Pope Francis said on Saturday that he would be "honest" with the United States President Donald Trump about their sharp differences on things like immigration and climate change when they first meet in the Vatican later this month.

Trump is meeting with Pope on May 24

The Pope, however, told reporters on the plane on his return from Portugal that he would be without prejudice and that he will not judge Trump until he heard his views at their meeting that is scheduled to happen on May 24.

"Even if somebody thinks unlike we have to be very sincere," said Francis, adding that he is hoping to come to an "at least partially open door," and that he wishes that his conversation with Trump will contribute to world peace.

Last year, in answer to the question of Trump's candidate about immigration and his intentions to build a wall along the American border, Pope Francis said that a man with such opinion "is not a Christian."

Trump, who grew up in the Presbyterian family, replied that it was "shameful" that the pope questioned his faith.

Trump and Pope are also in great disagreement about climate issues Trump signed an executive order demolishing environmental laws from the time of former President Barack Obama. Francis made the environmental protection the main element of his papacy, strongly endorsing the view that global warming is a result of human doings.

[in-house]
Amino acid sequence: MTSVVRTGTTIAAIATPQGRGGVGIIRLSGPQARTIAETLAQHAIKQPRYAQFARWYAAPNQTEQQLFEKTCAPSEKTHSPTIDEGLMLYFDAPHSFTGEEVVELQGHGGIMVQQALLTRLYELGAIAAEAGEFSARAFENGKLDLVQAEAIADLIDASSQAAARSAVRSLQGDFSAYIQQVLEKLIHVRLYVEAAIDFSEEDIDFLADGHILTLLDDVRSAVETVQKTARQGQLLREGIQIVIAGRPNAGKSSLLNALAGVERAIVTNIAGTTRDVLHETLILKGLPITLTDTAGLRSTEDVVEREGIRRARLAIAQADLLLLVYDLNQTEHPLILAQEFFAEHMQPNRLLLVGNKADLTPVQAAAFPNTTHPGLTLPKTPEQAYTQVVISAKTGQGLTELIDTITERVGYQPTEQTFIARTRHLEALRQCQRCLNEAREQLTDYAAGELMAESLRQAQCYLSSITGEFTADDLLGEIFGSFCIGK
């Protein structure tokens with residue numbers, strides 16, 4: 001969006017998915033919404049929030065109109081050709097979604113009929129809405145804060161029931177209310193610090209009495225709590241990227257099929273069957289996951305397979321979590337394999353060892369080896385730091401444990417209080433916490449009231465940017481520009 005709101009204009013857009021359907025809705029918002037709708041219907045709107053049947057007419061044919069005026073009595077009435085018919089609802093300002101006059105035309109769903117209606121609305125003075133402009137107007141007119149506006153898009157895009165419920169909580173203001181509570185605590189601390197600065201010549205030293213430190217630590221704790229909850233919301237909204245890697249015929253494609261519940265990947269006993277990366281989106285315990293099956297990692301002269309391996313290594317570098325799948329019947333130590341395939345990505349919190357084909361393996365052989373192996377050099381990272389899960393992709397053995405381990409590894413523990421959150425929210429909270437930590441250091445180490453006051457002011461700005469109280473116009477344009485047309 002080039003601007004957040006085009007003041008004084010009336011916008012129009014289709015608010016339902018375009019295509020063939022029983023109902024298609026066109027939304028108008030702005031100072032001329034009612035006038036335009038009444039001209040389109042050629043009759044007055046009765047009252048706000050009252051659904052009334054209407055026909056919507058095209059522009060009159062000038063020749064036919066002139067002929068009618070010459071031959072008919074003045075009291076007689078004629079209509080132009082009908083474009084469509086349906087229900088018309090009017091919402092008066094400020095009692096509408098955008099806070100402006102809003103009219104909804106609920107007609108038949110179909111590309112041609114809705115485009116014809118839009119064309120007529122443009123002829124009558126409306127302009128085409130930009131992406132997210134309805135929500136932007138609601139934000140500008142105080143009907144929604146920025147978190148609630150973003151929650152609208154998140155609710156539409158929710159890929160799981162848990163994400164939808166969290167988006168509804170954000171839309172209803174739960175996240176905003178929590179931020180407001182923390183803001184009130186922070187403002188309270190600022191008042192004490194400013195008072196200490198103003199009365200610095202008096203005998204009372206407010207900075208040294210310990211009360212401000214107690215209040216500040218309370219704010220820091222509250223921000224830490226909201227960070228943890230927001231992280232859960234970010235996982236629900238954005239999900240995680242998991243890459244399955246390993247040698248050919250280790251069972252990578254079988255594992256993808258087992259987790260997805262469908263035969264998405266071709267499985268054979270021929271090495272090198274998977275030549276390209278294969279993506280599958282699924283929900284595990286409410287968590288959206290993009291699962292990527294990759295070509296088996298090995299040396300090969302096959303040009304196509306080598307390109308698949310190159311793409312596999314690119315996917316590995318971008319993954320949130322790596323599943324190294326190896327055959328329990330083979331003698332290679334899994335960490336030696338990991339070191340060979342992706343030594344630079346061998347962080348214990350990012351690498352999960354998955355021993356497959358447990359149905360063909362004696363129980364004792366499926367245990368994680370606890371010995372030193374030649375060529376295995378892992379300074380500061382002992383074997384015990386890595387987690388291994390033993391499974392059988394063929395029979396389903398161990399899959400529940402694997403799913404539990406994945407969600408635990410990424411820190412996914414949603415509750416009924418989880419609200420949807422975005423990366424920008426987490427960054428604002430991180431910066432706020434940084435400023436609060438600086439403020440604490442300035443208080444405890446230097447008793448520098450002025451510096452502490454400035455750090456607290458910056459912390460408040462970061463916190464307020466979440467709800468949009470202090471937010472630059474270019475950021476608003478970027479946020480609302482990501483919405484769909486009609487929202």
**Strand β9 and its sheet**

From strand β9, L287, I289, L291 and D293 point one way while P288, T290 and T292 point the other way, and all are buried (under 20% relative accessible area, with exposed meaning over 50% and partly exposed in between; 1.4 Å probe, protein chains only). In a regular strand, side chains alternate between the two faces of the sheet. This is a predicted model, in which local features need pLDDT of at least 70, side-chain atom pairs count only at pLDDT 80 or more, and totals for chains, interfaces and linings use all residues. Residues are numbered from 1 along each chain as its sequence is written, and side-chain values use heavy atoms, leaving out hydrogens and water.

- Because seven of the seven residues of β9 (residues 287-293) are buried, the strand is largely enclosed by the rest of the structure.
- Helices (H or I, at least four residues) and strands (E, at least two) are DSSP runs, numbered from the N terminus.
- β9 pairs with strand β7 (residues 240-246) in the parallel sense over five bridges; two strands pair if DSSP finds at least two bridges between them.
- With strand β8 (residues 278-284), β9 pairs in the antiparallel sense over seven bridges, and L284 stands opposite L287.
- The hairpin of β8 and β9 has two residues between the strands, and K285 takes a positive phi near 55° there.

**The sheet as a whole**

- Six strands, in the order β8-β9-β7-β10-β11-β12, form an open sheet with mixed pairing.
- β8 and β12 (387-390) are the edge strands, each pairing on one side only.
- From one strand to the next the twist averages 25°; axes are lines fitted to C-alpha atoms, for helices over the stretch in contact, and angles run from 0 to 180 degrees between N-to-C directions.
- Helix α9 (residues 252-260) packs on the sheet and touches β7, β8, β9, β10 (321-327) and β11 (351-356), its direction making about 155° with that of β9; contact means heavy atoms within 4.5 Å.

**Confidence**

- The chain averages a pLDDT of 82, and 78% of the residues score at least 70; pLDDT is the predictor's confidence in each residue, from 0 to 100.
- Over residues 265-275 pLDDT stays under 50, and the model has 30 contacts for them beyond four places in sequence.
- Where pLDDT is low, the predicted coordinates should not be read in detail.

Trump will visit Rome before his trip to Brussels for a NATO summit, and ahead of a visit to Sicily where he will attend the G7 summit of the world's most developed countries.

The future without wars

Pope Francis has turned attention to the suffering of people affected by wars and conflicts in the Middle East, as the United States supports the circle around the militant Islamic State in Iraq. "So many innocent lives are in difficult trials, whether they are Christians, Muslims or other minority groups such as the Jews, who suffer tragic violence and discrimination," the Pope said after his regular Sunday address to Vatican officials.

"I encourage different communities to follow the path of dialogue and friendship, to build the future of respect, security, and peace, far from any wars." This is an announcement that Pope said at a time when the battle for Mosul, the capital of the Islamic State in Iraq, is approaching its end after seven months of heavy fighting. In this area, Jihadists have been persecuting and torturing many of the quirks they consider unbelievers.